Book Review of Instant City: Life and Death in Karachi

I’m reviewing Instant City: Life and Death in Karachi by Steve Inskeep as part of a TLC Book Tour. Other bloggers are also reviewing the book throughout October, and you can find links to their reviews here. I received a complimentary copy of the book, and I’d like to send it to a reader if anyone who’d like to read it doesn’t mind a copy with some underlining and margin notes. If you’d like it, just comment saying so by Wednesday, November 2nd. If multiple readers would like it, I’ll pick one at random.


In a manner that is rare for non fiction, Instant City is really a page turner. Inskeep takes us through the history of Karachi from Pakistan’s independence in 1947 through the present, stringing personal stories of social entrepreneurs, politicians, activists and real estate developers together to tell the city’s story. He revolves the historical accounts around a 2007 bombing, in which unknown perpetrators bombed a procession that was part of a Shia religious holiday. Following the bombing, rioters burned down blocks of wholesale retail buildings. Despite the arrests of four suspects, many of the city’s residents are so distrustful of the city’s MQM government that they believe that city officials caused the bombing and subsequent fires in order to clear out the neighborhood’s current tenants to make way for more glamorous businesses. While the city’s mayor passionately denies that city government had any involvement with burning its citizens’ property, that residents have so little faith in their government demonstrates how absent the rule of law is in Karachi regarding property rights to land.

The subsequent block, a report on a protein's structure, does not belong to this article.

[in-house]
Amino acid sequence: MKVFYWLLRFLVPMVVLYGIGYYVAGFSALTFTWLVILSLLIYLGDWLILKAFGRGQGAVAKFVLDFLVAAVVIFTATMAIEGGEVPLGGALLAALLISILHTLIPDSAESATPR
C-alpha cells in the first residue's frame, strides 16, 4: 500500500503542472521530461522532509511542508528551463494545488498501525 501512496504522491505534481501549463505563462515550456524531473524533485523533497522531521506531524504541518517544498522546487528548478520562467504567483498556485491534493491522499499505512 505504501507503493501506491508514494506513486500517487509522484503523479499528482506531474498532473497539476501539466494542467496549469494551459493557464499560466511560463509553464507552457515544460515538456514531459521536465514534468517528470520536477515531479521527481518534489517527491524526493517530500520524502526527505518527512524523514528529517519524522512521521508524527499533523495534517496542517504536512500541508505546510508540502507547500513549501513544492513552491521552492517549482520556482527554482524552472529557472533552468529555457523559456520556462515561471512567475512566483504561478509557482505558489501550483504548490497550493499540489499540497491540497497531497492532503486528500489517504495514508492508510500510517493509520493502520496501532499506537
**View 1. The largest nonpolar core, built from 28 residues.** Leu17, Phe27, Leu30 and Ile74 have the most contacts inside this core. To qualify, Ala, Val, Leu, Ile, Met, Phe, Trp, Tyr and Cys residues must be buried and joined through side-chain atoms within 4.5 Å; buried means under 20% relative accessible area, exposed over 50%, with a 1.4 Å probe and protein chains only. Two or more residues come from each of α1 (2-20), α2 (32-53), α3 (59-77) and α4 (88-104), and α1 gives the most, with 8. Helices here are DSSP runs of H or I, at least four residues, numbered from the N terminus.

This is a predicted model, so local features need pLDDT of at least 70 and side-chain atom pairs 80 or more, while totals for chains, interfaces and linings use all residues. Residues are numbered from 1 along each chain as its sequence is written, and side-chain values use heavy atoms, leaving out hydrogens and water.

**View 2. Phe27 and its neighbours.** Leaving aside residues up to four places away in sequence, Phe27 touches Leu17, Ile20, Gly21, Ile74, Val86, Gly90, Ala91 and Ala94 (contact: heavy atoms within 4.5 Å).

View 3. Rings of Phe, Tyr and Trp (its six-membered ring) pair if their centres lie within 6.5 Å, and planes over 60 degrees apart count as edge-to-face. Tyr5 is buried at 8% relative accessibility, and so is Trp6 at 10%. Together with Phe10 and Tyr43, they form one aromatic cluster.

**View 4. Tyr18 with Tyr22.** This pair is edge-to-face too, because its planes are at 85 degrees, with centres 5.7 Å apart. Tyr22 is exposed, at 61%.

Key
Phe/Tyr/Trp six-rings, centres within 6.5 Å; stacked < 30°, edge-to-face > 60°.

In with the history of the city’s history, growth, and conflict, Inskeep covers land use in Karachi in considerable detail. To me, “Groundbreaking” is the most interesting chapter, where Inskeep details the experience of slum clearance in the city during the 1950s. Karachi had become home to millions of refugees, predominantly Muslims from India who moved there either by choice or by force, who had settled in camps downtown. City leaders wanted to move these refugees to the outside of the city and hired the Greek urban planner Constantinos Doxiadis to create a plan for relocating these people.

Doxiadis approached the problem through gathering as much local knowledge as possible. He designed the homes in a traditional South Asian style, taking advantage of shade and building homes so that breezes would help keep them cool without air conditioning. These homes would be occupied by low-income people as part of a rent-to-own program, so he designed them to be small and efficient, keeping the needs of the intended residents in mind. Throughout the process, however, Doxiadis realized that the plan had a major flaw. While these residents lived in informal settlements, they lacked adequate shelter, but they lived close to their jobs. By forcibly removing them to Levittown-style suburbs in North Karachi, well-meaning urban planners inadvertently made poorer the very group they were trying to help by saddling them with difficult and expensive commutes to job opportunities. For these people who were already living in poverty, this unintended consequence of urban planning could literally be the difference between life and death.